Monday, October 5, 2009

Going Live in...Three...Two...

On October 1, I shadowed live truck operator Kyle Stokes for the five and six live shot. The reporter going live was Lauren Styler. It was interesting to see the process from both the perspective of the live truck operator and the reporter. We went to Mizzou Arena to cover the National Anthem auditions. First, we went to the side of the building and went down onto the court. After asking one of the staff members stationed down their and three different women’s basketball coaches, we found out there had been a miscommunication between the people at KOMU and the people at Mizzou Arena. This just caused Kyle and I to waste time running around and looking like we didn’t know what we were doing. Eventually we worked it out so we could shoot by the entrance, where people auditioning would go.
When we finally agreed on somewhere we could shoot, we had to pick a good spot that would be interesting to viewers. When we finally picked a spot, we had to get everything set up, which Kyle said can take anywhere from 20 minutes to an hour or maybe more. When setting up, you have to make put up the mast and make sure it points toward the station so its signals will hit the station. The mast can’t go through mountains, hills, buildings, etc… The setting up process seemed complicated because there is so much equipment: camera, cords, lights, the snake, the microphone, the power strip, and finding a power source for everything.
Once everything was set up, Kyle put up the IFB. IFB stands for interruptible feedback (Lauren remarked, “I need to get my own IFB” because they are crucial for live shots) the IFB is a device that allows the reporter and producer to communicate through the reporter’s earpiece. Lauren did, however, bring her own earpiece. In addition to that, Kyle said, “seasonally appropriate” clothes are one of the most important things reporters can bring. He advised me to invest in a good raincoat with a hood, and always have boots, coats, and hand warmers in my car. Also, he said to be sure to bring a pen and paper, your scripts, and the knowledge of where in the show the live shot will be (i.e.: “it’s in A16 but there is also a tease”). Kyle’s favorite reporters to work with are the ones that put on a show and make him look good. Lives shots are the flashy part of news and so if the reporter plays along and does everything full out, then it also makes Kyle look better.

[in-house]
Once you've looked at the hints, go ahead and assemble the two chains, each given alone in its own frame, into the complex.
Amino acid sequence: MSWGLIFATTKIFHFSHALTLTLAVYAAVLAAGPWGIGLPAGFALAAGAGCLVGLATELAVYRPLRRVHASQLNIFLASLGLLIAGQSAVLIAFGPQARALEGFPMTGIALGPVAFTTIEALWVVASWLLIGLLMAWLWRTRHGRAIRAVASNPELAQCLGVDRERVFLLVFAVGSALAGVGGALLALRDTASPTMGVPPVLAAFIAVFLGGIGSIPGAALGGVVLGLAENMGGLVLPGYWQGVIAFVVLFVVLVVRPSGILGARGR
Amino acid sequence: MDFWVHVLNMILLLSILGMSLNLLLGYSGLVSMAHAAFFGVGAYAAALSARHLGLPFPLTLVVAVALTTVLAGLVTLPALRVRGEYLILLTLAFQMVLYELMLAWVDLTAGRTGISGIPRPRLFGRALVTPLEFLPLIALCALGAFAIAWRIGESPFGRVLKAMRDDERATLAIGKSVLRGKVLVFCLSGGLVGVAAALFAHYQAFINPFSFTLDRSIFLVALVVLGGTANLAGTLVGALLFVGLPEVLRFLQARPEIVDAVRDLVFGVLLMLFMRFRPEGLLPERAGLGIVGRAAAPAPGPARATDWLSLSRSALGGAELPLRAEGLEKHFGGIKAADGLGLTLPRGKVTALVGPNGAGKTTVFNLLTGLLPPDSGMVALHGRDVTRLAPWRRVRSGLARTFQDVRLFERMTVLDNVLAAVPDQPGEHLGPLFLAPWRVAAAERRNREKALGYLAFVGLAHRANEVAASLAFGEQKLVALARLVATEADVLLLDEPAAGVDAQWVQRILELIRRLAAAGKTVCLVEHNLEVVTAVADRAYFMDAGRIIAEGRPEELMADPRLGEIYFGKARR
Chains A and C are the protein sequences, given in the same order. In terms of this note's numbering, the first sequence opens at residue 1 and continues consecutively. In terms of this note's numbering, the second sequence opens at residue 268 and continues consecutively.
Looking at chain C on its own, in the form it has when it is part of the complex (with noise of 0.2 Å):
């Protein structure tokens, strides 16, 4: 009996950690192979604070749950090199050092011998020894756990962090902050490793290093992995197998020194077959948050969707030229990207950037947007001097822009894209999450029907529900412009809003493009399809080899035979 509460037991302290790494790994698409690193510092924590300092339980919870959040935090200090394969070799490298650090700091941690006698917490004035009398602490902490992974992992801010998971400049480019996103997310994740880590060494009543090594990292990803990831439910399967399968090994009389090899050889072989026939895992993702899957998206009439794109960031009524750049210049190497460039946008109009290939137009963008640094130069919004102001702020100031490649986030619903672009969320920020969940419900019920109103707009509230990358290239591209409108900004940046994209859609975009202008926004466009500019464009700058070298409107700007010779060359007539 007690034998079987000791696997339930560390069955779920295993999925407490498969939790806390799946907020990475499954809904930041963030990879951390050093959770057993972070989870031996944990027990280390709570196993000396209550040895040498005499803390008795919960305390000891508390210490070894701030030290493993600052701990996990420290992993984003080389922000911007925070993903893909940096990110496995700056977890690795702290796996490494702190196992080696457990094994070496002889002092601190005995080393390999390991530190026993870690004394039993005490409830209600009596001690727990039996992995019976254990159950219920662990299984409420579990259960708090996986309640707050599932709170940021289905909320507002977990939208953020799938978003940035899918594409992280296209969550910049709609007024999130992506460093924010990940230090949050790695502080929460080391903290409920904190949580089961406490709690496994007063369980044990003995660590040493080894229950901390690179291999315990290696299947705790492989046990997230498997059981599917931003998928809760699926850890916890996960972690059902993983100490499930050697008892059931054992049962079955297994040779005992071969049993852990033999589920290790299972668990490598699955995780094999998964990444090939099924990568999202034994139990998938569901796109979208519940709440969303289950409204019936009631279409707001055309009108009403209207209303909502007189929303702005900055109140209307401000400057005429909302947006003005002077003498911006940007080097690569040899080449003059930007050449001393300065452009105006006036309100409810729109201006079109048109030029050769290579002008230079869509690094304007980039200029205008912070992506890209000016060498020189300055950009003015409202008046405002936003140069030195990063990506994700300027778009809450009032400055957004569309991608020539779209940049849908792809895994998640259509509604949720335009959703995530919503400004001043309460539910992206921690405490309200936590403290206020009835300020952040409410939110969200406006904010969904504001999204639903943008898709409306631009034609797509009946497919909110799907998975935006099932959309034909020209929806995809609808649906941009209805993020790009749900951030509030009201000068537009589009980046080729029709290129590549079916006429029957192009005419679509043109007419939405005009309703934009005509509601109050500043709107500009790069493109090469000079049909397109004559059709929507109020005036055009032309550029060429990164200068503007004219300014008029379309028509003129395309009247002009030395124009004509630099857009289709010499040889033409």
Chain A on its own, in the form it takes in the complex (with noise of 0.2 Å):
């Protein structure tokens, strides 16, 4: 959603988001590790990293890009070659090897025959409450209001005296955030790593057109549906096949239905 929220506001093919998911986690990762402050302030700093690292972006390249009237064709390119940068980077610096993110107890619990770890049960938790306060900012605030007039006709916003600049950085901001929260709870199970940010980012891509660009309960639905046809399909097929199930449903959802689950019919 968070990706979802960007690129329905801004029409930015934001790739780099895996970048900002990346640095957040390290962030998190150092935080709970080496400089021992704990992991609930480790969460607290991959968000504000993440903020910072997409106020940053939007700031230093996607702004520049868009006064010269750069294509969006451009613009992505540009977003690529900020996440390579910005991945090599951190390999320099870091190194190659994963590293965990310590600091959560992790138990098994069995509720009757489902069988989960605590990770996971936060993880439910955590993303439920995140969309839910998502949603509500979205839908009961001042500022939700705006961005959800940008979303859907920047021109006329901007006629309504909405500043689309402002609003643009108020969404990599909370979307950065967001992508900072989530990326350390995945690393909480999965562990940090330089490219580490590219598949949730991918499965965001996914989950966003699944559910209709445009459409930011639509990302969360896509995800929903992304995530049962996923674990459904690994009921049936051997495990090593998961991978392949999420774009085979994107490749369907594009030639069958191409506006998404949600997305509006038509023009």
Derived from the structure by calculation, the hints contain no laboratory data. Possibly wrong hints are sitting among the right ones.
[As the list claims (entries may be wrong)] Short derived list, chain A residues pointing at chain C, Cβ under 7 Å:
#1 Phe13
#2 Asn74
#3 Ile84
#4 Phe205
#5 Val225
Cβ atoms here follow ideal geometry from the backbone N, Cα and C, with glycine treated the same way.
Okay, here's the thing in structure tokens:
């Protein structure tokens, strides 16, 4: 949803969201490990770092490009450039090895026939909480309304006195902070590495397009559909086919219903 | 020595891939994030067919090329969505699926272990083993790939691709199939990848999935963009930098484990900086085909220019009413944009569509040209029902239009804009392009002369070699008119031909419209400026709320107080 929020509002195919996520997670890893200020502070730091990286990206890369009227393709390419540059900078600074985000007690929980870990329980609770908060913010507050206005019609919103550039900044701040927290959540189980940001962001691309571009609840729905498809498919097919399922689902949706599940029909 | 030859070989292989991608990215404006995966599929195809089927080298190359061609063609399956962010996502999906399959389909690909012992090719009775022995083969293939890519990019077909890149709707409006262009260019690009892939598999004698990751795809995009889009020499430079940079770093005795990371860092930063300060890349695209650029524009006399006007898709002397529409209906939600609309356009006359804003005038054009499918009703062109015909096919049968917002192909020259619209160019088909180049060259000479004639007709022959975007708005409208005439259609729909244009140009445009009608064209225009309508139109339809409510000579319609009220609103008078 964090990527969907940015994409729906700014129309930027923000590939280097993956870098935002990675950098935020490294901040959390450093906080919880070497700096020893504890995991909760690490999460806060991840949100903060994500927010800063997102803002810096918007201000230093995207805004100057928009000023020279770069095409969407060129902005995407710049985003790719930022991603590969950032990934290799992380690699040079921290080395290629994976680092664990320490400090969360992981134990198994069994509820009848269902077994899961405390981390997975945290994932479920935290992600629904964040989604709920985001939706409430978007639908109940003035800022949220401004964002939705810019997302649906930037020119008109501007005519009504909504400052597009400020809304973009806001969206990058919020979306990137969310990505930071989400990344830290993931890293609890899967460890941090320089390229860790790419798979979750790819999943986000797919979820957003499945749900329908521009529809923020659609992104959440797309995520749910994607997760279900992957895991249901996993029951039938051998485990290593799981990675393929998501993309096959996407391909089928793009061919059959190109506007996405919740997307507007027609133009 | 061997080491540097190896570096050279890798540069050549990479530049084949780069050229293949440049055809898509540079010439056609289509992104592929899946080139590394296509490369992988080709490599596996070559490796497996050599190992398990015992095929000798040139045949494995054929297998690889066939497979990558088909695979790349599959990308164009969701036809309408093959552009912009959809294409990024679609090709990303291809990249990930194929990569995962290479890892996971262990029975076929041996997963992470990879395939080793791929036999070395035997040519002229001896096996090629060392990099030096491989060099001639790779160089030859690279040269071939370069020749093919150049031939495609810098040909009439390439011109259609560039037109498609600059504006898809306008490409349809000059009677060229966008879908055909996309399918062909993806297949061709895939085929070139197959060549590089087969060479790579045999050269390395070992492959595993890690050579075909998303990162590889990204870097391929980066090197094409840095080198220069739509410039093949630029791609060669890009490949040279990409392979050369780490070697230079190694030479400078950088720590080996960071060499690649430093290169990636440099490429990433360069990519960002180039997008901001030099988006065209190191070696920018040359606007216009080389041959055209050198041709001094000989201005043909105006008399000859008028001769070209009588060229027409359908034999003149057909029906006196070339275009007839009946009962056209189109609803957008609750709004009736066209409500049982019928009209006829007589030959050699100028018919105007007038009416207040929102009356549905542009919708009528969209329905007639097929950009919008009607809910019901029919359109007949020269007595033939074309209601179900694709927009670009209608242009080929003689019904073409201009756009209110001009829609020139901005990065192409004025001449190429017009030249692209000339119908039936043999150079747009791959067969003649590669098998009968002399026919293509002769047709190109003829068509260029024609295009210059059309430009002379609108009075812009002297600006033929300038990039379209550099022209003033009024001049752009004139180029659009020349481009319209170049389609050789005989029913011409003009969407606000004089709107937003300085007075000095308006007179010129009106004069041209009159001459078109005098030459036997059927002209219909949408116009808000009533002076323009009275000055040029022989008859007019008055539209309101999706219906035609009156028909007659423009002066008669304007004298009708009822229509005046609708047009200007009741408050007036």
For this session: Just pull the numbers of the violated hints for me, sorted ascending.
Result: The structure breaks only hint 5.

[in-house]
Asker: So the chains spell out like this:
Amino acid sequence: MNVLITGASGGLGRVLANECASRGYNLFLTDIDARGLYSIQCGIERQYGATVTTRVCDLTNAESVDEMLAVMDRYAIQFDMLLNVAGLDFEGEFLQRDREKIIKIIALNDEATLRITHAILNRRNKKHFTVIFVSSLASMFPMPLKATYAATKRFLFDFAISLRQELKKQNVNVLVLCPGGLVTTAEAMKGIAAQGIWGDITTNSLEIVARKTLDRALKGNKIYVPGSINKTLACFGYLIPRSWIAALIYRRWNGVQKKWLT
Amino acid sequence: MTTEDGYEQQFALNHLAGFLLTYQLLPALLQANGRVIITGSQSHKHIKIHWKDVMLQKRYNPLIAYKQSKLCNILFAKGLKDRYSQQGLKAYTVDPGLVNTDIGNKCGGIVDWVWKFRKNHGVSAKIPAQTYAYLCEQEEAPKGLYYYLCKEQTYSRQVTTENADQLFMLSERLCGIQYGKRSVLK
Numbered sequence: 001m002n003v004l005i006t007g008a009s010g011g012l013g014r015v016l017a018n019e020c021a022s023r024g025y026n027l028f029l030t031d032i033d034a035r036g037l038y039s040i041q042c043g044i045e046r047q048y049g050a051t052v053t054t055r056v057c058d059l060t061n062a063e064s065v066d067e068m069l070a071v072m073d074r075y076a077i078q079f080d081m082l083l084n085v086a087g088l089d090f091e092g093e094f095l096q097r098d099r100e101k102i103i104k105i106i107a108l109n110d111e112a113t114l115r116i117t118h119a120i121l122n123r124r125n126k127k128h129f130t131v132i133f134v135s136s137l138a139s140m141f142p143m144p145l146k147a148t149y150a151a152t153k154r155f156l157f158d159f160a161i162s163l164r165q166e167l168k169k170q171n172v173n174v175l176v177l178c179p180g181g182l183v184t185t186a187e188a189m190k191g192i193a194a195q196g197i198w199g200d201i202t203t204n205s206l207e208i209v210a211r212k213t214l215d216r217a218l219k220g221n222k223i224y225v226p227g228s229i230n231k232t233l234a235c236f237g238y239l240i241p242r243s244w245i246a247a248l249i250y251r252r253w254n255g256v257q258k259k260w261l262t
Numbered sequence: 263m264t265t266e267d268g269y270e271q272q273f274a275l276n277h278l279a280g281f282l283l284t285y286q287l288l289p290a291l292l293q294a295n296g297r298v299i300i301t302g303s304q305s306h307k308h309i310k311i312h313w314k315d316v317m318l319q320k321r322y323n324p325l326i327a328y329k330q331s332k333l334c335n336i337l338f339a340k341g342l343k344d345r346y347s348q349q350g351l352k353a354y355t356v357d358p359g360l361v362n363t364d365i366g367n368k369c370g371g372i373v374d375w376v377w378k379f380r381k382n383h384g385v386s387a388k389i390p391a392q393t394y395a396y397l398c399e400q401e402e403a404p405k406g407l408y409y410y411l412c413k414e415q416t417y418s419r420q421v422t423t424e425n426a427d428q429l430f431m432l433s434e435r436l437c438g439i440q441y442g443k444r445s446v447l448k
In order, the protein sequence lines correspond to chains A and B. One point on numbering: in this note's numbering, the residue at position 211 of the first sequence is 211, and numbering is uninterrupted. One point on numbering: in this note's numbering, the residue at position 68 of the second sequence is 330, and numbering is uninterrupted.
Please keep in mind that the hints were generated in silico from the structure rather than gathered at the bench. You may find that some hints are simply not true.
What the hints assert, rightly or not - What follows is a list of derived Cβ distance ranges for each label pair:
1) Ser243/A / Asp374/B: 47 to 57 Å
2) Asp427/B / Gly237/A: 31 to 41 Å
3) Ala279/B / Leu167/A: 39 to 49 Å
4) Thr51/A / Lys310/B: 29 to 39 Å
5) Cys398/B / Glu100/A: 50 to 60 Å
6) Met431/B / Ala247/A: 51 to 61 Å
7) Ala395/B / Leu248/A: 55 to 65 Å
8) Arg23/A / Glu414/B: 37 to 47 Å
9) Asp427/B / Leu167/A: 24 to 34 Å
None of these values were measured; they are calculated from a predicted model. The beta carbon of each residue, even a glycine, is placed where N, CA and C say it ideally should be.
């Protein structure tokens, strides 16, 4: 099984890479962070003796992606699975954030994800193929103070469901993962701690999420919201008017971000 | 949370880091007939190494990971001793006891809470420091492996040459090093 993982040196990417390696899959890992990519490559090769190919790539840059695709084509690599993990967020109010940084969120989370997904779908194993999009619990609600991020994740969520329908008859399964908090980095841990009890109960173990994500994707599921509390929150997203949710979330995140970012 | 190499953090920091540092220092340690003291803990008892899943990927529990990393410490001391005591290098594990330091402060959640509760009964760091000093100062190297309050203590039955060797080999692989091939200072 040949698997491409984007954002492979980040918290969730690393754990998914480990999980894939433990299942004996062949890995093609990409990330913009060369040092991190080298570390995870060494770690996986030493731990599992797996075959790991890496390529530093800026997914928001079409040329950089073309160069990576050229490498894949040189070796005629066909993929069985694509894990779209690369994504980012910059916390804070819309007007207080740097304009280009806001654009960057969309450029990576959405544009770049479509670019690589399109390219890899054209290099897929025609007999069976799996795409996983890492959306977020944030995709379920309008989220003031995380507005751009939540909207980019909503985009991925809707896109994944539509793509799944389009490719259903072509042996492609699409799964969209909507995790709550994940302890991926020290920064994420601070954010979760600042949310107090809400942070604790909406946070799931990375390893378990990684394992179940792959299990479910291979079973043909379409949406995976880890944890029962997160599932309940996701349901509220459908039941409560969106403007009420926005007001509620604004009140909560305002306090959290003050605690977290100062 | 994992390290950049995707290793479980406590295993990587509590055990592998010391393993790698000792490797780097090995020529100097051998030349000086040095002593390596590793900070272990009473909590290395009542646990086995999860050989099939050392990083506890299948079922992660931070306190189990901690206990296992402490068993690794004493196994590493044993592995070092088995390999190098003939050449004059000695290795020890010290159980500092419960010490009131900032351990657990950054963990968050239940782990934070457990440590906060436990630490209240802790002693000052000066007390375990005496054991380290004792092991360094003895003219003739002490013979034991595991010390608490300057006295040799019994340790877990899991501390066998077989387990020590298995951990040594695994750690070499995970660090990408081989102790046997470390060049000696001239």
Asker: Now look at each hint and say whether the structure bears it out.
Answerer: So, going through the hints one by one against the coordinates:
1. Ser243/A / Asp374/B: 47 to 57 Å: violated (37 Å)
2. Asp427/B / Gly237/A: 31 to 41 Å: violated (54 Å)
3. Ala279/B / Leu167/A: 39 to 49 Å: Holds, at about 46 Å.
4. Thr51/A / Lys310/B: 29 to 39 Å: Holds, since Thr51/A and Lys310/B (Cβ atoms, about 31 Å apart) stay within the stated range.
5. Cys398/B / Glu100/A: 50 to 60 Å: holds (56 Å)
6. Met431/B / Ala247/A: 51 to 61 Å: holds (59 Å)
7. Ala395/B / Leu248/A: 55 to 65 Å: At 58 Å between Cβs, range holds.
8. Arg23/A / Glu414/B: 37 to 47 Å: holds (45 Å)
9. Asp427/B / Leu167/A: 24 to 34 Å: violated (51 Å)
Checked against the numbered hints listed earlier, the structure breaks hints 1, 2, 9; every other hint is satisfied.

Other than being prepared, there were a few things that Kyle said a reporter could do to help him out. Helping take down all of the equipment is a big help. He said some reporters do their live shot and then head back to the station, so he is very grateful when they stay to help him put everything away. Being on time is helpful as well. The biggest point he made was to communicate! Reporters and producers alike can help him out by communicating. If you don’t tell him exactly what you want, he will do whatever he thinks works, which might not be what you had in mind.
The most common mistake that reporters make is memorizing their scripts. Never, ever, ever, no matter what, memorize your scripts because it just causes more problems. If what you say is one word off or you forget where you are, then you sound worse than if you just have a loose idea or the script and ad lib it. Don’t marry your script, just look down once in a while and read your key bullet points.
This was my last shadow shift and the way I see it, shadow shifts are the perfect introduction before going out the station on your own work. The common thread through all of my shadow shifts was communication. Not communicating was an oft-made mistake and one that causes everyone in the newsroom headaches. Plus, all it takes is a call or a text to make sure everyone is on the same page so the newscast can run as smoothly as possible!

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